November 10, 2015, Cairo – The chapter of the Society of Petroleum Engineers at The American University of Cairo (SPE-AUC) is one of only 20 student chapters worldwide to receive the 2014 - 2015 Outstanding Student Chapter award from SPE International. "The highest honor for a chapter,” according to SPE International, this award is given to student chapters that exhibit excellence in industry engagement, operations and planning, community involvement, professional development and innovation. Omar Fathy, president of AUC-SPE in 2014 - 2015 and BG Egypt Endowed Public School Scholarship recipient, and Mark Mohy, AUC-SPE events coordinator, joined oil experts and industry leaders at the SPE Annual Technical Conference and Exhibition in Houston, Texas where they accepted the award on behalf of SPE-AUC.
An international organization, the Society of Engineers (SPE) gathers oil industry professionals, researchers, engineers and students under one umbrella, connecting the different groups through various academic and social events. Out of 143,000 members around the world, 50,000 are students. AUC-SPE is one of 337 student chapters.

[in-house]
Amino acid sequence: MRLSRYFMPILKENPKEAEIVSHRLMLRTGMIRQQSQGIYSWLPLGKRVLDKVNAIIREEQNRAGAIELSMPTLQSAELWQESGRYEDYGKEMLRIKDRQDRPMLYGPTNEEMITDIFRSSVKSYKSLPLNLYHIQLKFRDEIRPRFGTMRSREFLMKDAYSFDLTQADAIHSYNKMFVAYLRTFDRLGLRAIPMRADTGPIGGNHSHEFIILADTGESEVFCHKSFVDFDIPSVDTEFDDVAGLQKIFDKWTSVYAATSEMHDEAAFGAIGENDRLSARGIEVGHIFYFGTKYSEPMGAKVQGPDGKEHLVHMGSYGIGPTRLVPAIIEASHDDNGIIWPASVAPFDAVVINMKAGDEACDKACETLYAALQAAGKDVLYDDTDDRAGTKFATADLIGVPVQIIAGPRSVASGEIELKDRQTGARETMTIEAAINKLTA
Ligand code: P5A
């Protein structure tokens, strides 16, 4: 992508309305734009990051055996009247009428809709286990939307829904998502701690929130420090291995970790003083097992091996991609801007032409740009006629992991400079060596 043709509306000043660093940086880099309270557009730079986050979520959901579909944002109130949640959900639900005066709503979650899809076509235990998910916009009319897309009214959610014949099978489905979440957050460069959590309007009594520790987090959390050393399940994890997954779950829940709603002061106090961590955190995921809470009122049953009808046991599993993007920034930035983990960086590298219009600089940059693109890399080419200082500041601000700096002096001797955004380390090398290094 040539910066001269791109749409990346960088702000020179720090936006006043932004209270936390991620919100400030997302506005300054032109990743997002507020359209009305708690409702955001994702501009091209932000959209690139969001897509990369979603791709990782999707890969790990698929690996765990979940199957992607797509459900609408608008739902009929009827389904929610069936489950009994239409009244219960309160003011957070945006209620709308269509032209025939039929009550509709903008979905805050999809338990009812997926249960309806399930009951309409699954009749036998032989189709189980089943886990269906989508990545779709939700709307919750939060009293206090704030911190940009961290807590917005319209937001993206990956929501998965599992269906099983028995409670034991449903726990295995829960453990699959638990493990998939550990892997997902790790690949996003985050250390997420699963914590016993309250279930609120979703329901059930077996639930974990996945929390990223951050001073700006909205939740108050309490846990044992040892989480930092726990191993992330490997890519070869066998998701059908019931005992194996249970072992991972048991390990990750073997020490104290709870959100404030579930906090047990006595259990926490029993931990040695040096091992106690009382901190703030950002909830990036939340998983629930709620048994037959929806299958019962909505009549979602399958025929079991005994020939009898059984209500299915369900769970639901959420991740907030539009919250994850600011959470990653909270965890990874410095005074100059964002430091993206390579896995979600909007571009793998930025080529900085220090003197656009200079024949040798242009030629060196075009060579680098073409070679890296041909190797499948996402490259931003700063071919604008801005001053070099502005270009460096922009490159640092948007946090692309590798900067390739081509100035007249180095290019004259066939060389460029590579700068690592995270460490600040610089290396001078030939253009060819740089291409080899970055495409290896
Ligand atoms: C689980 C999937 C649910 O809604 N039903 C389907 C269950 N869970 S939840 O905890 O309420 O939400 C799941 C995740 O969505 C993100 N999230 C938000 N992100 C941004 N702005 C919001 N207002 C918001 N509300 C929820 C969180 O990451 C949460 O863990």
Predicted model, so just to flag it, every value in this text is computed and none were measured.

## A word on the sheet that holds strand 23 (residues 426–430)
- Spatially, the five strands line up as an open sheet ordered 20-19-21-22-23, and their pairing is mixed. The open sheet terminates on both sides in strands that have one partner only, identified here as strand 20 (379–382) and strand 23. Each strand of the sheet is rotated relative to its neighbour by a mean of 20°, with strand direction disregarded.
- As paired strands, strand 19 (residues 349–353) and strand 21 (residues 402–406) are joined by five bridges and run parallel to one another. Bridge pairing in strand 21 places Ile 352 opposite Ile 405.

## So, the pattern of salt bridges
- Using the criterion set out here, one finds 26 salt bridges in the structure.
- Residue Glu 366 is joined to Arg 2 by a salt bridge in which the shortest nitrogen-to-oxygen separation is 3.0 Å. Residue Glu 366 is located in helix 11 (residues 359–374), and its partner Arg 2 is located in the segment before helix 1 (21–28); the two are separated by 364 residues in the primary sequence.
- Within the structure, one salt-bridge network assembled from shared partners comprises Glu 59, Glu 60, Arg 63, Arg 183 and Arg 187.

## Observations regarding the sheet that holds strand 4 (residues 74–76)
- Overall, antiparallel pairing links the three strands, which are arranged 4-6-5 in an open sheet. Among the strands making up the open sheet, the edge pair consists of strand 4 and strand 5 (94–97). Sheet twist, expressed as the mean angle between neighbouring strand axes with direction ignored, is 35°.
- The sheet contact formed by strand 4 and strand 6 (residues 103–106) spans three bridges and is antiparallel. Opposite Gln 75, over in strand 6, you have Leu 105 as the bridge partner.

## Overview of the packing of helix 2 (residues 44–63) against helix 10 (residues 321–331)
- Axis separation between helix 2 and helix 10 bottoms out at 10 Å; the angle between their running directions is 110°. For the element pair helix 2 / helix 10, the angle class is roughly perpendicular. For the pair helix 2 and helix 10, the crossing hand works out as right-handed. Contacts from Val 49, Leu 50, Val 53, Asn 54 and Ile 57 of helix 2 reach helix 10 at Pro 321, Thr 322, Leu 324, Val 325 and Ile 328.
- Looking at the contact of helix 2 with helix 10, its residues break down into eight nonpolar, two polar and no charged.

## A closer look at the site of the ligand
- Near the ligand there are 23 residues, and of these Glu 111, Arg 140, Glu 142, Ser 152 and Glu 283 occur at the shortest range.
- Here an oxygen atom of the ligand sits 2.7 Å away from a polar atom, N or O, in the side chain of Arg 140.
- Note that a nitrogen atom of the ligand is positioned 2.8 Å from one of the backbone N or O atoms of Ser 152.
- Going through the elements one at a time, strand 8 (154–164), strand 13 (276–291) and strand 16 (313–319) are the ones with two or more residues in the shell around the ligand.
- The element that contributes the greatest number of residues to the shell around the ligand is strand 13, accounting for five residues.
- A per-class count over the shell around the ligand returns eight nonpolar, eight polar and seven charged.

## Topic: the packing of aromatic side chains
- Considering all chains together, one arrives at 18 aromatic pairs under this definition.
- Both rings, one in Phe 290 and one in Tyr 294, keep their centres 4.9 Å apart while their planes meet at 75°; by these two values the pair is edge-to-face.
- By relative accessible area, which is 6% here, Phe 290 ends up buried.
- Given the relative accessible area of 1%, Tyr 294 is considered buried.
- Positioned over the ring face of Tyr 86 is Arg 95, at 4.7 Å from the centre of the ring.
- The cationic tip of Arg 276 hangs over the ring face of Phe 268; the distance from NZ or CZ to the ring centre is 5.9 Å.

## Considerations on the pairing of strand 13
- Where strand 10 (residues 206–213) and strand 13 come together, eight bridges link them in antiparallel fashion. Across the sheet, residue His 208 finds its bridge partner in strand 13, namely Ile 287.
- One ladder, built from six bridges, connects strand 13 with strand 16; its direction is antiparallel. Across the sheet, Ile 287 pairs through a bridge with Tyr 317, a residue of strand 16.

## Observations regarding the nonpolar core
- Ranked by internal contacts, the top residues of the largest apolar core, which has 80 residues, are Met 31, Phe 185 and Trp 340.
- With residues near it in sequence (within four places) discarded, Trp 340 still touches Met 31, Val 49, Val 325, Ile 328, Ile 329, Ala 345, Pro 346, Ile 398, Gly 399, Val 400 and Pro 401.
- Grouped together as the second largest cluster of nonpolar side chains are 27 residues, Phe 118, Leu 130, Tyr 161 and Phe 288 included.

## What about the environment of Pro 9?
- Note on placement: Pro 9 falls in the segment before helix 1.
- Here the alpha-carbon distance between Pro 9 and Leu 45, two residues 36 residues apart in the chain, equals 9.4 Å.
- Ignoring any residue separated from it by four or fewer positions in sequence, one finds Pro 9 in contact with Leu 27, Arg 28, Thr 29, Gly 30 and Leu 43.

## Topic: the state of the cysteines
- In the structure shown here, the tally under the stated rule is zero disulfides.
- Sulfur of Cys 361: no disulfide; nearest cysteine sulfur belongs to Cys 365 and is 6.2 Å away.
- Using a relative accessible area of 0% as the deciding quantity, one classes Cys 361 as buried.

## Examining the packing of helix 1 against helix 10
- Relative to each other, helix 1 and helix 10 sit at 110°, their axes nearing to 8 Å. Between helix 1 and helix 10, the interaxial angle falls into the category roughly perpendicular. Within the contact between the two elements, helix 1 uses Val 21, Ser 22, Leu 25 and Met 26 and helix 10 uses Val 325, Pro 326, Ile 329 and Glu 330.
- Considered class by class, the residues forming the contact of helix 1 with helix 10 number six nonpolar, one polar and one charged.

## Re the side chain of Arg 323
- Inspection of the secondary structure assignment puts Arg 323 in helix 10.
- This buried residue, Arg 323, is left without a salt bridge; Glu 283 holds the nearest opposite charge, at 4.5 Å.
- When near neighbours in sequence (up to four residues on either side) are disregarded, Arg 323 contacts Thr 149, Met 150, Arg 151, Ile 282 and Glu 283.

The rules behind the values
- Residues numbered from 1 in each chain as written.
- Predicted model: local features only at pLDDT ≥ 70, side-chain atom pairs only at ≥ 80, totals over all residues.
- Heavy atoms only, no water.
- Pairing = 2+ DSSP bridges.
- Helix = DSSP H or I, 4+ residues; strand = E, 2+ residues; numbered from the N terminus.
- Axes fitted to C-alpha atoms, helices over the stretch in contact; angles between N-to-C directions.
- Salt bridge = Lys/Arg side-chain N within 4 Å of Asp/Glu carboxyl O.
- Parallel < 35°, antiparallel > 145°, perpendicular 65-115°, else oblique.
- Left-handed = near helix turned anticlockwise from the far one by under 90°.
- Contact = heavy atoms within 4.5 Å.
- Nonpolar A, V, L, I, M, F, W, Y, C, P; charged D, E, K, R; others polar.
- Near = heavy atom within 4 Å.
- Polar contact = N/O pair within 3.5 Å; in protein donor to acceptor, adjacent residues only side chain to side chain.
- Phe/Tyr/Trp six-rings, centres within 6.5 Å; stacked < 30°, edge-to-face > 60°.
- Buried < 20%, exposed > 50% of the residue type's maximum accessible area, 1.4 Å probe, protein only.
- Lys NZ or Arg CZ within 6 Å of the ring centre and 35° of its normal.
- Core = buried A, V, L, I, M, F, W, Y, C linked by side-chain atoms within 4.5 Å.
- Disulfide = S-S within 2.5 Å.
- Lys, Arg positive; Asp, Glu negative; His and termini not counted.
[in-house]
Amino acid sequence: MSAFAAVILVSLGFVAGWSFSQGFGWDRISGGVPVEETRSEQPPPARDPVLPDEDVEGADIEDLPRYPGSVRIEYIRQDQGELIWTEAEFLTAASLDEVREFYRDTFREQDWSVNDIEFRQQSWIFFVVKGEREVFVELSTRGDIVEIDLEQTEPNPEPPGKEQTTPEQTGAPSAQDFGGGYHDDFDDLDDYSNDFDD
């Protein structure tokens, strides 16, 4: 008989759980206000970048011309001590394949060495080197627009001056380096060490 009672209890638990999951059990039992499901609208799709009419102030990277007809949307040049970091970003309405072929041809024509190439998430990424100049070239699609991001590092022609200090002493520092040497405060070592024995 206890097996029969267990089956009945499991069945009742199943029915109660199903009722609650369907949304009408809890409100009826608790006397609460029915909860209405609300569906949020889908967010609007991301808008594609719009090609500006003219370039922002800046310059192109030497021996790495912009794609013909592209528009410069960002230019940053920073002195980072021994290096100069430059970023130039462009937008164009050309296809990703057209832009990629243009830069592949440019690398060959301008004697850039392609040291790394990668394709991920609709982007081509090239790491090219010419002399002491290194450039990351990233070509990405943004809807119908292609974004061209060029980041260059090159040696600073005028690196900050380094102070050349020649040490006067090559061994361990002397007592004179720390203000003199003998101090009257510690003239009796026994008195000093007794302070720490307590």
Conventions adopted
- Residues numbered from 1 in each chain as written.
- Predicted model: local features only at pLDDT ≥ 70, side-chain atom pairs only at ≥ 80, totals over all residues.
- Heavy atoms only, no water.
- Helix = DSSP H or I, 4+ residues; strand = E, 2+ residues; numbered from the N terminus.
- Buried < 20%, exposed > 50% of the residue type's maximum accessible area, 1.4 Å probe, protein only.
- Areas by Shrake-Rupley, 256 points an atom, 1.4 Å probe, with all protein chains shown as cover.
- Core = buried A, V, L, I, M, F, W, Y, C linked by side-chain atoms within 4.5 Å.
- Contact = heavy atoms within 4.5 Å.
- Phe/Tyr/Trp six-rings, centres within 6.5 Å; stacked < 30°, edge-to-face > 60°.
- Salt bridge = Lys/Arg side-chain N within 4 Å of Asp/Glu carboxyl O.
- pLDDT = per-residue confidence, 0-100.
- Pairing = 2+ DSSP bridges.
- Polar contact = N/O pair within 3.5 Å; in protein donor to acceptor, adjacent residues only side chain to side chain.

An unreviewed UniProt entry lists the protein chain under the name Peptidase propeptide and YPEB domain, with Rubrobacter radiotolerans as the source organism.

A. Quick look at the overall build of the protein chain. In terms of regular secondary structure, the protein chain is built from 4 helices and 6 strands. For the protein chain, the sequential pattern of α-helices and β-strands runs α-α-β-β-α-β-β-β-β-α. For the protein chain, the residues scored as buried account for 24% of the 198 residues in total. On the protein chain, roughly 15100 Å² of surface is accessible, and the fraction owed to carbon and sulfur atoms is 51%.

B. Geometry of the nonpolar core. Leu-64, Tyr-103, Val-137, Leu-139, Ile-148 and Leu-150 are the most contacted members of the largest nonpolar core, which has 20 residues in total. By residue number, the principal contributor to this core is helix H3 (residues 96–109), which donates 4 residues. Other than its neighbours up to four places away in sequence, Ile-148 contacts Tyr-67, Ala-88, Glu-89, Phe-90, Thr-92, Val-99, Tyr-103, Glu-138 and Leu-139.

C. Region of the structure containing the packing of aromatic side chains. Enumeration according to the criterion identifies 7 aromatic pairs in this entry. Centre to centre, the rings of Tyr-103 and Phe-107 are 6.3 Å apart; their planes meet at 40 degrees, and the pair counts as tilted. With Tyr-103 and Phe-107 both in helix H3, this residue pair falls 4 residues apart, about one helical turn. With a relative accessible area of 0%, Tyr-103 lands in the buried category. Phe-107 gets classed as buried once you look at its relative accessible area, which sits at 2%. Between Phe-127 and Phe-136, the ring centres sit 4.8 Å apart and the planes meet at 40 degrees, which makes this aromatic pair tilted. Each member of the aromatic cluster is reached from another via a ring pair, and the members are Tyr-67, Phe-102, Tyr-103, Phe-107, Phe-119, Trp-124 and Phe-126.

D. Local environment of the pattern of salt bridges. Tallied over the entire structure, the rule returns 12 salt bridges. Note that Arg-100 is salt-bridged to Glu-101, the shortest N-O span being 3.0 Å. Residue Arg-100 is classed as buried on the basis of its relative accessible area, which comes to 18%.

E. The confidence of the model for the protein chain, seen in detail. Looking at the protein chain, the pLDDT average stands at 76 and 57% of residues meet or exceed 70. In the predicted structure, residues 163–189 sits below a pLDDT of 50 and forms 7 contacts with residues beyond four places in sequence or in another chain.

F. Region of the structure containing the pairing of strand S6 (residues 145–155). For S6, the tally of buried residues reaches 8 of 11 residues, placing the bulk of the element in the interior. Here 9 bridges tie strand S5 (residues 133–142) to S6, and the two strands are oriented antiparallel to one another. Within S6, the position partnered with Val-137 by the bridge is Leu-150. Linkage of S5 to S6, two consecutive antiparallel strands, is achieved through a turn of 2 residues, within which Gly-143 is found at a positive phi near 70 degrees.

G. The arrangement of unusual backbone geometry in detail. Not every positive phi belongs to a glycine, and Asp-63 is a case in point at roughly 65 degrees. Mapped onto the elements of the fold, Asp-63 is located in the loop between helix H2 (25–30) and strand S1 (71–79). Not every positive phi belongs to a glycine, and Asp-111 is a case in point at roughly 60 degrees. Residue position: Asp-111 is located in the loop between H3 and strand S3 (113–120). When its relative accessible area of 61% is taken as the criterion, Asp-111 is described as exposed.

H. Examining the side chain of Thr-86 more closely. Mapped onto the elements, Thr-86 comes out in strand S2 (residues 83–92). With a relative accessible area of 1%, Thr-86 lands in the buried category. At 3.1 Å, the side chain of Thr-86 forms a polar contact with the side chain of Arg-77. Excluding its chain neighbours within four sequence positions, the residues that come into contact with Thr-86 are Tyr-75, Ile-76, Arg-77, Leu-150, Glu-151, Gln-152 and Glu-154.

Fathy believes the chapter's diverse achievements were key to its success. Expanding their reach internationally, AUC-SPE engaged with industry enthusiasts from around the world. "Our chapter carried out new, creative academic and social events last year that distinguished it internationally," he said. "We held the first international petroleum conference in Egypt held by student organizations. We also entered new partnerships with many international companies such as Baker Hughes, Halliburton and Weatherford.”
AUC-SPE also hosted many local events. “We held a local competition that gathered all the petroleum engineering universities in Egypt to compete in academics and sports. Additionally, we hosted many social events for our students on campus," Fathy added.
The 2014 - 2015 chapter included 55 members from different disciplines across AUC. "We accepted members from all different majors, whether engineering or non-science students, because the oil industry deals with different disciplines and careers in real life, so everyone got the chance to learn," explained Fathy.
SPE-AUC benefitted from having such a diverse group of members. "For example," Fathy noted, "for a PR campaign, we need business and marketing students; for media coverage, we need students from mass communication. So, we are always open to students from different majors to bring fresh blood and creative ideas.”
Now a graduating senior, Fathy underscored AUC-SPE’s role in promoting student development outside of the classroom. “We get to deal with the top professionals of the industry and experience how real life works, since we are exposed to several technical and training sessions," he said.
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